Architecture in Helsinki
Modernism, functionalism and the largest concentration of Art Nouveau buildings in Northern Europe make Helsinki a major city of architecture.
The architecture in Helsinki is typified by Nordic minimalism and refinement. The city centre, especially around Senate Square, forms a unique and cohesive example of Neoclassical architecture. The buildings at the Suomenlinna Sea Fortress interweave three unique periods – the Swedish, Russian and Finnish – into a fascinating entity.
The Byzantine-Russian architectural tradition is represented by Alexander M. Gornostajev’s Uspenski Cathedral (1868), the largest orthodox church edifice in Western Europe. The city centre features many buildings that typify a specific style of architecture, such as Gustaf Nyström’s House of the Estates (1890). The Neo-Renaissance work of Theodor Höijer can be admired along the north side of the Esplanade, as well as in the Ateneum Art Museum (1883).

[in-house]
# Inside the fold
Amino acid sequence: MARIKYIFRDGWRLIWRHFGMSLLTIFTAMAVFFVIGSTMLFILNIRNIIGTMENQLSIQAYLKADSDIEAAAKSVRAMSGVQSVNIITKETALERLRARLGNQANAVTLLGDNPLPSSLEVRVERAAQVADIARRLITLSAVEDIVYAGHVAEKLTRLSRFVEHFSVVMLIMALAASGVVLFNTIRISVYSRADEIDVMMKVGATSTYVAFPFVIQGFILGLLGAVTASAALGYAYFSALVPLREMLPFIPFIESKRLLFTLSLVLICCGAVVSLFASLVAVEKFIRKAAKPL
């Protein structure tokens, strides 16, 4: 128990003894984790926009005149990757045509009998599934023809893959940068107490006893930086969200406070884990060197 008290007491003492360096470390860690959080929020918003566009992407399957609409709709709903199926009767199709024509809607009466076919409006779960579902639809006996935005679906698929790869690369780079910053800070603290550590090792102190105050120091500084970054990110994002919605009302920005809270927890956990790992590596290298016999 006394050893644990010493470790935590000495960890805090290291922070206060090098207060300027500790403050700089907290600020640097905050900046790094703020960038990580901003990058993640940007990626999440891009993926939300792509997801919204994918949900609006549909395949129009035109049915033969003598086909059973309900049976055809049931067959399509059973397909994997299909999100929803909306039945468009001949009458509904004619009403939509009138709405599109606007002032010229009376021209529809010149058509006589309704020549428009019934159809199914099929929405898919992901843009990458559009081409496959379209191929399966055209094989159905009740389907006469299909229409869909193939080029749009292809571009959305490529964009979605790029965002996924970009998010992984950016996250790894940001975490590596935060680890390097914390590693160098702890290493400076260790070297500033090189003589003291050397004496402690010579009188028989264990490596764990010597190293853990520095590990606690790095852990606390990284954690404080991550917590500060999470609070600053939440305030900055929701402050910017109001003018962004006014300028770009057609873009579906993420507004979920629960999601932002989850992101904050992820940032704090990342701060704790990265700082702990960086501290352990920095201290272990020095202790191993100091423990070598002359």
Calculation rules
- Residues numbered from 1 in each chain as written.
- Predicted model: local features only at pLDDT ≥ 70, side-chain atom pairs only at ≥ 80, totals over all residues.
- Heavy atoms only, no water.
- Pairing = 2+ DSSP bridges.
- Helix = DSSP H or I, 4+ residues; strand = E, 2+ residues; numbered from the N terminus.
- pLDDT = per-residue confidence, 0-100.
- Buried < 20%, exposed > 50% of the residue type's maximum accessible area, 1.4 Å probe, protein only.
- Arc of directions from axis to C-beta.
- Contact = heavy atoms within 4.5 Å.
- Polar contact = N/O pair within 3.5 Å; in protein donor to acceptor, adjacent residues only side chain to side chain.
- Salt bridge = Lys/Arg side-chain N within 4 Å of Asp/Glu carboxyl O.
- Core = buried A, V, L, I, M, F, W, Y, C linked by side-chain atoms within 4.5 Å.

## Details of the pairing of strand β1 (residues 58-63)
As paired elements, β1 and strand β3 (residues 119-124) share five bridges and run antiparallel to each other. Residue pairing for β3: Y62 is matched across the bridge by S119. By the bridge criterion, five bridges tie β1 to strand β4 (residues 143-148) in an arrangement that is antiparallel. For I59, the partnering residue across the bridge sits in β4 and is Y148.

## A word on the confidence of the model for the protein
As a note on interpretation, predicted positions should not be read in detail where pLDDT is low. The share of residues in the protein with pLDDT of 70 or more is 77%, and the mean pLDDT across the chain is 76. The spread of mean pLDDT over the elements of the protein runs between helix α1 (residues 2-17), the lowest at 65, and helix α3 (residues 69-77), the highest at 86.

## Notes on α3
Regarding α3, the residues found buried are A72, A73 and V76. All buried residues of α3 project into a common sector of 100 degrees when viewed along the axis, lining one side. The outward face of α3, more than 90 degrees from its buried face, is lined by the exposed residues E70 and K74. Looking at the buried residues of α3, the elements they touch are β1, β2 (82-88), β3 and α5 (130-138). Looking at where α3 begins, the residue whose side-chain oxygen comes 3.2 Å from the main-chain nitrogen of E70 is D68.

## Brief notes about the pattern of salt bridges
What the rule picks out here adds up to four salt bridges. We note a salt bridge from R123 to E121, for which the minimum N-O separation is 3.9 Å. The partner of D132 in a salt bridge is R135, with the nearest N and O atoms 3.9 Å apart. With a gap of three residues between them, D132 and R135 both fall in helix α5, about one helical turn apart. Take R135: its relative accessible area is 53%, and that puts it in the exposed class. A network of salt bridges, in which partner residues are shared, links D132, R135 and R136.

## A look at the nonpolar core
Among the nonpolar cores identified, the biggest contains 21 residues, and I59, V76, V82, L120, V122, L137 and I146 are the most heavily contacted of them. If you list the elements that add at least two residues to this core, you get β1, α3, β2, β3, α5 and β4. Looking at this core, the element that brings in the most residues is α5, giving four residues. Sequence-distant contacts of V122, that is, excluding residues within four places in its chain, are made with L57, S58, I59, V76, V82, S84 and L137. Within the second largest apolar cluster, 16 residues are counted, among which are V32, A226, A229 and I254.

Art Nouveau or Jugend architecture was interpreted in Finland according to its own form of National Romanticism. Some of the finest examples include Lars Sonck’s Jugendsali Hall (1904) and the National Museum (1910) by famous architect trio Gesellius-Lindgren-Saarinen. Late-Jugend is represented by Eliel Saarinen’s Central Railway Station (1914). Nordic Classicism of the 1920s is represented by J. S. Siren’s Parliament House (1931).
Wooden architecture can be admired in the Käpylä, Puu-Vallila and Etu-Töölö districts. The architecture of the Käpylä district represents 1920s Classicism. The newest example of wooden architecture is Kamppi Chapel (2012).
Bold examples of Functionalism include the Olympic Stadium (1938) and the Lasipalatsi “Glass Palace” (1935).
The works of world-famous Finnish architect Alvar Aalto represent Modernism at its finest. These include the Academic Bookstore (1969) and Finlandia Hall (1971/1975). One of the most popular tourist destinations in Helsinki is the Temppeliaukio “Rock” Church (1969), designed by Timo and Tuomo Suomalainen as part of the natural bedrock.
The Museum of Contemporary Art Kiasma (1998) designed by American architect Steven Holl represents the best of contemporary architecture. Minimalist glass and steel design is represented by the Sanomatalo (1999) and the High Tech Centre (2001) in Ruoholahti. Helsinki Music Centre opened next to Finlandia Hall in autumn 2011 and was designed by LPR-arkkitehtitoimisto. The Main Library of the University of Helsinki, Kaisa-talo, was completed in 2012 and represents glass architecture. Kaisa-talo was designed by Anttinen Oiva Arkkitehdit Oy.